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Basic Information about Percocet and its Side Effects

Percocet is a drug based upon oxycodone that is used to reduce average to serious pain in its users. While the medication is very effective for the people that take it, its discomfort control capabilities have also made it a well-known option for people to take illegally. As with many painkillers, a variety of adverse reactions can result from the use of Percocet.

A variety of adverse reactions have been reported with using Percocet. Some adverse reactions often include faintness or sleepiness, light nausea or nausea, nausea, bowel problems, upset stomach, blurry vision, and dry mouth. Although considered to be the most commonly seen adverse reactions of the drug, they only affect some users.

However, there are severe reactions that can occur with taking Percocet, as revealed by some users. These adverse reactions include slow pulse rate, superficial breathing, passing out, feelings of faintness, misunderstandings, uncommon thoughts and behavior, convulsions, stomach pain, appetite loss, dark pee, clay-colored chairs and soiling of the skin and eyes. These adverse reactions are known to be rare and only affect some users. It should be noted these symptoms are seen more often in those who abuse this drug.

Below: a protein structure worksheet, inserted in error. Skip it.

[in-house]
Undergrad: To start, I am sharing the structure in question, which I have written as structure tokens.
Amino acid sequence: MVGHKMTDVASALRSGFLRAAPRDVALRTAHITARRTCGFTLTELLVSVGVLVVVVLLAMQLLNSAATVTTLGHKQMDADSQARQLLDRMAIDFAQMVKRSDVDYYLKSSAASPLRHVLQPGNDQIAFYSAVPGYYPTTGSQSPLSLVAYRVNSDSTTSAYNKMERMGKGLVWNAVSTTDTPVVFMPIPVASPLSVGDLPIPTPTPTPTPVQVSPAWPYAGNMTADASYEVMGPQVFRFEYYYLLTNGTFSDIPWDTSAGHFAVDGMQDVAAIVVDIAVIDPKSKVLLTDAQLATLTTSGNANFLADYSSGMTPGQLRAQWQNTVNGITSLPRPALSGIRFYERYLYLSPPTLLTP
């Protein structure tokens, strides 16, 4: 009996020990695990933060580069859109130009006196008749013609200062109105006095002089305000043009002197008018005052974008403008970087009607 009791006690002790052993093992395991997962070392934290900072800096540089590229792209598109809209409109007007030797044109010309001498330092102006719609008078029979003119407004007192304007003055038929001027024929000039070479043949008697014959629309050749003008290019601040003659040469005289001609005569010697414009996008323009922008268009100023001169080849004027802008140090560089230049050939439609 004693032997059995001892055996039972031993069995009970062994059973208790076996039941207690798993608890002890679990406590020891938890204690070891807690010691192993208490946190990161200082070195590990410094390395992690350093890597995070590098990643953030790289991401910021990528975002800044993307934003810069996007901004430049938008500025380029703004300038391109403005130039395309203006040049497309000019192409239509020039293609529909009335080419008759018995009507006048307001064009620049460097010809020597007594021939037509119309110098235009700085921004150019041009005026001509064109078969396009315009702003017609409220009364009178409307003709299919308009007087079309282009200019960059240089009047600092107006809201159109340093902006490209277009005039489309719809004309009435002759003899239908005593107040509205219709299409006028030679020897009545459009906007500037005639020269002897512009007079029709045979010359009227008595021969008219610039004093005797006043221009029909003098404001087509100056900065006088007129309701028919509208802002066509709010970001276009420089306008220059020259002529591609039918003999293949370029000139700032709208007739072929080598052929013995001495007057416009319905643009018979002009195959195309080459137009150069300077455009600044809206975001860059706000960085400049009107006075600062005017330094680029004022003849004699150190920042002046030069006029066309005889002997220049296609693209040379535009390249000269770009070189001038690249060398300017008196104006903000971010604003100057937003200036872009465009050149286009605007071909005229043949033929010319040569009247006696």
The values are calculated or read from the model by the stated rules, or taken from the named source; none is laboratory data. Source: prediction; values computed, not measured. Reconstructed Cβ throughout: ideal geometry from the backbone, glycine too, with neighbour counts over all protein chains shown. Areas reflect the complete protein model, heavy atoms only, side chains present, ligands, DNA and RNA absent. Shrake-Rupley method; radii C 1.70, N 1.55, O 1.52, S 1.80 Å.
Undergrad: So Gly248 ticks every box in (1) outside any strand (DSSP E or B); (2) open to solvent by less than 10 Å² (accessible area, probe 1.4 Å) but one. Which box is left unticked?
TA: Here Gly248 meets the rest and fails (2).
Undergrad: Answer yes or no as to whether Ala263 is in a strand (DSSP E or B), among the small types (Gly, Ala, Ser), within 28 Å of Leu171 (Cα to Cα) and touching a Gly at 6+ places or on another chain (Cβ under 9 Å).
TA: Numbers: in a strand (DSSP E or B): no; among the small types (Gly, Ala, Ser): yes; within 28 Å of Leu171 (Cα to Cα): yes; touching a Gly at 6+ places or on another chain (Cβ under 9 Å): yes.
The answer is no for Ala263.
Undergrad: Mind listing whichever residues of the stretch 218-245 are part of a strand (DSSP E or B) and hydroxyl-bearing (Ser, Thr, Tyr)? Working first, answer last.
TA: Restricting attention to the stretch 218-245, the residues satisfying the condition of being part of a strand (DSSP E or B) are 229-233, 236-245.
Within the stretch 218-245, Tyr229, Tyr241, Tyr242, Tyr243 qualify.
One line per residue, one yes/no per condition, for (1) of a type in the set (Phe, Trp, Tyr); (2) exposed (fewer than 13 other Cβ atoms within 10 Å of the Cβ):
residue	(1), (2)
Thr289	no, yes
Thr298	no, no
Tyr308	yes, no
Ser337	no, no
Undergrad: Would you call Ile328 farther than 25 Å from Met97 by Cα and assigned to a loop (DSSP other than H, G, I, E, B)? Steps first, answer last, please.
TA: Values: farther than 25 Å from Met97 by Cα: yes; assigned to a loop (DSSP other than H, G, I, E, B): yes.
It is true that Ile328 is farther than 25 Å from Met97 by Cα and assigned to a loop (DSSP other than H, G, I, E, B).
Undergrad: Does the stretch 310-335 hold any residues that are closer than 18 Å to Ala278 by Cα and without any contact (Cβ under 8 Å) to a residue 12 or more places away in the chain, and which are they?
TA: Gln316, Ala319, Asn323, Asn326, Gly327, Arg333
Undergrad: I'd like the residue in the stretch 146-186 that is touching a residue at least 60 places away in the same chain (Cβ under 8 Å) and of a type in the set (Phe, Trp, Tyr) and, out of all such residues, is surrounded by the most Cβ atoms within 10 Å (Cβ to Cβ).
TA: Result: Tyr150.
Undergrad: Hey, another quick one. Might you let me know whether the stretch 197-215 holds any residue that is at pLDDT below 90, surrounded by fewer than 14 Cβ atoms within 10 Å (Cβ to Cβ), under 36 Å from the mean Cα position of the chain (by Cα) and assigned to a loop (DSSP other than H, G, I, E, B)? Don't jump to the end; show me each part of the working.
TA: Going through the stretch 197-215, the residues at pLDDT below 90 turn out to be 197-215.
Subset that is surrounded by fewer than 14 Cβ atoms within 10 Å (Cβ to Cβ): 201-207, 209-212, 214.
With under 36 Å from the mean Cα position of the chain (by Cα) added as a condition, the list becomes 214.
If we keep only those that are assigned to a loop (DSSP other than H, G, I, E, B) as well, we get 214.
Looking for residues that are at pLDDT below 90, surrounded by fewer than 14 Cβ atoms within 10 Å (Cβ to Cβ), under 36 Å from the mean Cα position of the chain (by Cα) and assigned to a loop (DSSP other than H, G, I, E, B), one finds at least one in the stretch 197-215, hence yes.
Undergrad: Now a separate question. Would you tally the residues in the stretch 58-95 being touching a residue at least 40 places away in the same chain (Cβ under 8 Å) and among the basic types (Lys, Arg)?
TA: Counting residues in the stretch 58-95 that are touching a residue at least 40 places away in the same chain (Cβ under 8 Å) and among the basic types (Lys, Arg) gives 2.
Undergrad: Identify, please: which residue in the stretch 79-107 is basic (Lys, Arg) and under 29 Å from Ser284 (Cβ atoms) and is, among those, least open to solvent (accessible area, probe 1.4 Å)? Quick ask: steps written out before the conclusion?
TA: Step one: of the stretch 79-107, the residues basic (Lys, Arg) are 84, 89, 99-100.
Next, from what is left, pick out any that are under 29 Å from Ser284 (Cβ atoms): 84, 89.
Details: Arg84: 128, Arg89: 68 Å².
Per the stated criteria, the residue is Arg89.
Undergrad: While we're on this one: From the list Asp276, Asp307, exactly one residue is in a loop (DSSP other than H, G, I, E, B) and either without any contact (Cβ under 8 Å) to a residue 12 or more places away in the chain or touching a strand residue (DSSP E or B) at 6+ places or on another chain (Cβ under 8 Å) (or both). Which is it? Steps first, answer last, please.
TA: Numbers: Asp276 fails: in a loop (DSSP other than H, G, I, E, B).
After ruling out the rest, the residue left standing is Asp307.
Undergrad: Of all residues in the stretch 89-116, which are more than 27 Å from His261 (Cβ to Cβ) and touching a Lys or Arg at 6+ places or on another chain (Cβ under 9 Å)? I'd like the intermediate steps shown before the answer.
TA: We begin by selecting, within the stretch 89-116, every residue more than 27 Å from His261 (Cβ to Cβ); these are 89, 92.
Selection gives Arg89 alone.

Percocet is capable of causing adverse reactions that may damage your reflexes and impair your thinking, so it’s best to keep from working any kind of equipment (including an automobile) until the consequences of the medication wear off. Percocet should be avoided if you are allergic to either Tylenol or oxycodone. The medication is to be used by the person with the prescription only and should not be given to anyone other than that person. It should certainly not be given to those with a record of drug misuse or abusing drugs.

It is important to take the drug only as recommended by the physician. Never take it in a larger dose as it can cause serious harm to your liver and increase your chances of addiction. Percocet may also show unusual results on urine tests, so please tell the physician doing the analyzing before continuing. If you will be having any form of surgery treatment, talk about your Percocet prescription, as you may need to stop using it for a few months after the surgery.

Should you encounter the negative reactions described in this article, you must get in touch with a health care professional immediately. If you overdose on the drug, get in touch with a local toxin center immediately and head straight for the emergency room. If you feel you have developed an addiction, there are detox centers available to help you.